was deafeniug and the flag and hand
kerchief waving lent a kaleidoscopic
effect to th scene.
At the city hall. Mayor Hylan ad
dressed the soldiers from the balcony,
Mayor Hylan's Welcome, '
"I welcome yon men in the name of
your proud countrymen. I welcome
you in the tame of the men, women
and children of this city, and I wish
to say to yju that we are proud of
you and of he manner in which you
have conducted yourselves white on
The city was just recovering from
this outburst of enthusiasm when the
visiting Frenchmen heroes all and
named "Blue Devils" by the Germans
because of the color of their uniforms
and their fighting qualities, arrived.
They appeared at Liberty loan com
mittee headquarters on lower Broad
way after having traveled through
Fifth avenue and several downtown
streets on auto buses from the steam
ship pier. Their reception was only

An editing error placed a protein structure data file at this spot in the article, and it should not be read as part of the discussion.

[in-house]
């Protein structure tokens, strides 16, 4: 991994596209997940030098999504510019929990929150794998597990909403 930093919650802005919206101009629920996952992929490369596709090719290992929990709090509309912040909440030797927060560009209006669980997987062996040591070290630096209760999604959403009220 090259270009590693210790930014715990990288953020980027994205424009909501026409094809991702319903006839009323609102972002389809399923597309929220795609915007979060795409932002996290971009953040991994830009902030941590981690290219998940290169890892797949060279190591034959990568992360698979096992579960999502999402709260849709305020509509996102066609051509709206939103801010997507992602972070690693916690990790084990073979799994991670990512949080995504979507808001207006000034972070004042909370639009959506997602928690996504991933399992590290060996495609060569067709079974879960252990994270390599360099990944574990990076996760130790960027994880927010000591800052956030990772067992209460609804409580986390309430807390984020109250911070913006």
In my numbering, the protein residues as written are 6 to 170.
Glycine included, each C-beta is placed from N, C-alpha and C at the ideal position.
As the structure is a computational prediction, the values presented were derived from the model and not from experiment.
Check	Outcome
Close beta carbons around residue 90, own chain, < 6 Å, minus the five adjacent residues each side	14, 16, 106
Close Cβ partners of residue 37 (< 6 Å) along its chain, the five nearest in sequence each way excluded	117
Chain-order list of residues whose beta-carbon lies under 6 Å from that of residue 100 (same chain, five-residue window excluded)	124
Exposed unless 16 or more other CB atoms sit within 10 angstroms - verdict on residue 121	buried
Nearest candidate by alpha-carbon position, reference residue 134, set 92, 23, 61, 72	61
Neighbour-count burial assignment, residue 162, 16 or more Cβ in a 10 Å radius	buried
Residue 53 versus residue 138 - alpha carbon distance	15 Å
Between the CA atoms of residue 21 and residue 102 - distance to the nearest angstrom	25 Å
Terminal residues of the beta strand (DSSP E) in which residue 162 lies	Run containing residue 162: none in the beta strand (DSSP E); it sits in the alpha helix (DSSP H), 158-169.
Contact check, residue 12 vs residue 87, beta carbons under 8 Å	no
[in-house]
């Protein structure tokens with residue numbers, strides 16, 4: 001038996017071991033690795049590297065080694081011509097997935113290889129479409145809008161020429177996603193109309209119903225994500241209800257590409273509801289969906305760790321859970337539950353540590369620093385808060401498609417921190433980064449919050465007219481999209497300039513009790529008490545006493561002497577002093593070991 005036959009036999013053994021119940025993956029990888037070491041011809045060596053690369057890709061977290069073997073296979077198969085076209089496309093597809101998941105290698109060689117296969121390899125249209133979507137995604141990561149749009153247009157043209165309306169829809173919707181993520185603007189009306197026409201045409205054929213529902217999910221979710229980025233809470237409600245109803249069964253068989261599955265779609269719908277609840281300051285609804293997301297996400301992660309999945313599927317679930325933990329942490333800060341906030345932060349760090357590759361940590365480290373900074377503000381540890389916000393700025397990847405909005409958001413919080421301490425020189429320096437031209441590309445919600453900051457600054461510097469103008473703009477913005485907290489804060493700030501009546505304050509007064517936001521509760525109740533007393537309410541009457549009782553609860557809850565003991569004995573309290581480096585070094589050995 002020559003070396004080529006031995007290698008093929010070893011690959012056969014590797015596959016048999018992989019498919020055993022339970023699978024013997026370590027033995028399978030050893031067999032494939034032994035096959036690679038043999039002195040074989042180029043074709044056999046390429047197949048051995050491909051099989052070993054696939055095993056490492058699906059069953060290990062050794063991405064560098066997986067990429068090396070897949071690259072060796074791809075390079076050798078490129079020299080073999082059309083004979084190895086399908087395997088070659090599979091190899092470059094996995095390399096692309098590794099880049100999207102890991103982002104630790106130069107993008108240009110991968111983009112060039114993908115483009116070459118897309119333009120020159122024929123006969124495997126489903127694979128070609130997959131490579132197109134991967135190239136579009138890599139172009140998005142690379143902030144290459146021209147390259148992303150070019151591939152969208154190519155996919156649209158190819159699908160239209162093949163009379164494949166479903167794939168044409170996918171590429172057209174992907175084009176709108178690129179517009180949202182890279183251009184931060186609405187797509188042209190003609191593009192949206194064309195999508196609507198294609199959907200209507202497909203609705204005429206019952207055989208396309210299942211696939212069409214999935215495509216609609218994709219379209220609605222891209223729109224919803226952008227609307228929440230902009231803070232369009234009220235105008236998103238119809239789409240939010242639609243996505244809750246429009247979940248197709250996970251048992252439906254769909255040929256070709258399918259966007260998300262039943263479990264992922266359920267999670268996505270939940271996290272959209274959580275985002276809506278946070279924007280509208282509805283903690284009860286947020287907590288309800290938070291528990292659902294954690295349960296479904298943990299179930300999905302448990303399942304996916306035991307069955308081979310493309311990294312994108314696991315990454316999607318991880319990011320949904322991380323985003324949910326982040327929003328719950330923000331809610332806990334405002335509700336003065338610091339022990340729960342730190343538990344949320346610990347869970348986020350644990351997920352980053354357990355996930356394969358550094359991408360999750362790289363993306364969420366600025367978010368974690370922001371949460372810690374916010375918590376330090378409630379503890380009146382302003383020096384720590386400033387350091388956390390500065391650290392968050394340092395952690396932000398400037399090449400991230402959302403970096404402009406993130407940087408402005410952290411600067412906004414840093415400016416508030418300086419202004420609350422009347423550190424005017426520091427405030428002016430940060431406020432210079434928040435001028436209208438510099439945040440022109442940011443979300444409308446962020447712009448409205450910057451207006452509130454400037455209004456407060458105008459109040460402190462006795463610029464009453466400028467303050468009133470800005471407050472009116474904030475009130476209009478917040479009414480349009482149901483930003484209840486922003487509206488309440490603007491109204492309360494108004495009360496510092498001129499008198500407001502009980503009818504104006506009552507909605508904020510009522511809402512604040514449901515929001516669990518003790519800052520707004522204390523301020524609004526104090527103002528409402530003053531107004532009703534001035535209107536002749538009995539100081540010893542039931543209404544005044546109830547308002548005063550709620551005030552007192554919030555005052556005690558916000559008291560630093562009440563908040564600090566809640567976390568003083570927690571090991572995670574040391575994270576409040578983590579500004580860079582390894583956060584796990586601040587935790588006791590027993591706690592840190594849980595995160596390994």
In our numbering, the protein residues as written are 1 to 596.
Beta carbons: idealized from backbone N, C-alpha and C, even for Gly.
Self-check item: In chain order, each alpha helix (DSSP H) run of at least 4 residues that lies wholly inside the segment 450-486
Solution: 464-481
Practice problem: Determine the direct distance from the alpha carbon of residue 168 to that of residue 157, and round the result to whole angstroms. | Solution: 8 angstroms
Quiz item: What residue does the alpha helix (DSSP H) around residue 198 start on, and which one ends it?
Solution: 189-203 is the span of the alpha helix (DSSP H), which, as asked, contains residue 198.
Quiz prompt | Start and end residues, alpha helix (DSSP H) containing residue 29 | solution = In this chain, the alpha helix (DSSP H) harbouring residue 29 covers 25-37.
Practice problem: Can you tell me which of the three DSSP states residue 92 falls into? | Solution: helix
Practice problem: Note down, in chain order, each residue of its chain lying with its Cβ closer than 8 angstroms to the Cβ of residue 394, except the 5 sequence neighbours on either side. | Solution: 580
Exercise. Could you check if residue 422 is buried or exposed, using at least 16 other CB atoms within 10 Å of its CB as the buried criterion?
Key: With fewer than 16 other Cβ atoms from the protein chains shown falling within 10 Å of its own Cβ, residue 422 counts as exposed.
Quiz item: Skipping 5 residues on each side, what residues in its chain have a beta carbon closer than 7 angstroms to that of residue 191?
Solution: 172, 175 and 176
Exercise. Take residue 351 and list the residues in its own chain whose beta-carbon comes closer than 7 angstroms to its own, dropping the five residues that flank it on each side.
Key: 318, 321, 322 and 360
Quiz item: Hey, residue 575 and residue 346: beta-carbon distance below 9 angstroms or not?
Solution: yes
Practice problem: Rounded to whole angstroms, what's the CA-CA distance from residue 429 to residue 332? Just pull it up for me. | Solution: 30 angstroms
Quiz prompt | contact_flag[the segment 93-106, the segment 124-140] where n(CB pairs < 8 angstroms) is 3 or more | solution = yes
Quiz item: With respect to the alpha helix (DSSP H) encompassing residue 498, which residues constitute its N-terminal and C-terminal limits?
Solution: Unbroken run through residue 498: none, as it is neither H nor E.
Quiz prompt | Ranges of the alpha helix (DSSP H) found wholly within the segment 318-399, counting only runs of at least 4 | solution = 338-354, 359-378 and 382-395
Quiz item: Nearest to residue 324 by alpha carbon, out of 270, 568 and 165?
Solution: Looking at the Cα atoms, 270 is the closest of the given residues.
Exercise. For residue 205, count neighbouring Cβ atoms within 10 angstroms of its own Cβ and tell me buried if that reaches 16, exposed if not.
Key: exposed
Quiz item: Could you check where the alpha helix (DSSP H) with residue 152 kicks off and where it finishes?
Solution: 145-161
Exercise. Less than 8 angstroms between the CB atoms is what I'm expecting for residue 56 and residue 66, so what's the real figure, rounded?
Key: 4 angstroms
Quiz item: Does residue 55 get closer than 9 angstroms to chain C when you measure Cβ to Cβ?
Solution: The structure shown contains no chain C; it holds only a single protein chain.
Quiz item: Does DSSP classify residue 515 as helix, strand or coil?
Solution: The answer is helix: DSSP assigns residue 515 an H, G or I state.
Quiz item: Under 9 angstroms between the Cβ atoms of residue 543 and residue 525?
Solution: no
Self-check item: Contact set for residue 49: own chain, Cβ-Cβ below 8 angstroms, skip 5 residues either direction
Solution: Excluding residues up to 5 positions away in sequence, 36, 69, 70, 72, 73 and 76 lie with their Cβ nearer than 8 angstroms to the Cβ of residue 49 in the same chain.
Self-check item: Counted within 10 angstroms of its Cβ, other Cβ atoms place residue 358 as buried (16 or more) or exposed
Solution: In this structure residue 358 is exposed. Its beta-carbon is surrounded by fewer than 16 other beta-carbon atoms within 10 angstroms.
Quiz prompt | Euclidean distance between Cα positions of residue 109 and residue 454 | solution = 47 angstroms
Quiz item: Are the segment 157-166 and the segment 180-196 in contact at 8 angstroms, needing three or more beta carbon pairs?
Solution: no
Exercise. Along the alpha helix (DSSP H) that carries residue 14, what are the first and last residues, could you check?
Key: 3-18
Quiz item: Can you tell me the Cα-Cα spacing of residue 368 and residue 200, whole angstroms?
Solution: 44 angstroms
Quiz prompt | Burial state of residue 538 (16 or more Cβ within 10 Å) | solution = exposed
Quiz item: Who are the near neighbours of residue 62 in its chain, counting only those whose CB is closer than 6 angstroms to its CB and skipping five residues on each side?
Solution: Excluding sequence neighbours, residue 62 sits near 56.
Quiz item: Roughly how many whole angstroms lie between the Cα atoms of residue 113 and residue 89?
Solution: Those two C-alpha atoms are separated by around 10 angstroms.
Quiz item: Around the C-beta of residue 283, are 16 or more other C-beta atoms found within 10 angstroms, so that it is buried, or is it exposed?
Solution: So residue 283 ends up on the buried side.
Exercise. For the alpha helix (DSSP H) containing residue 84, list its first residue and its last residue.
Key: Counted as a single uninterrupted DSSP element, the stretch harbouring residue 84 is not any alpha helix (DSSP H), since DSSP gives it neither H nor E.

exceeded by that accorded Pershing's
O BELGIAN FRONT FIRM.
The present battle opened with a
bombardment of the British ' and
French lines from Meteren to Voor-
mexeele, a distance of 12 miles. Then
came reports of a spread of the fight
ing around the curve in the Una in
froitt of Ypres until the Belgian
armies, north of the city, were in
volved. Field Marshal Haig's official
report, anxiously awaited, brought the
news that the utmost efforts of the ,
Germans had been fruitless all alorir
the line. The field marshal's state
ment said that the Teutons had paid
a great price and had gained virtually
nothing. , . i - -. ,
The battle still continues along the
front, but there is little indication that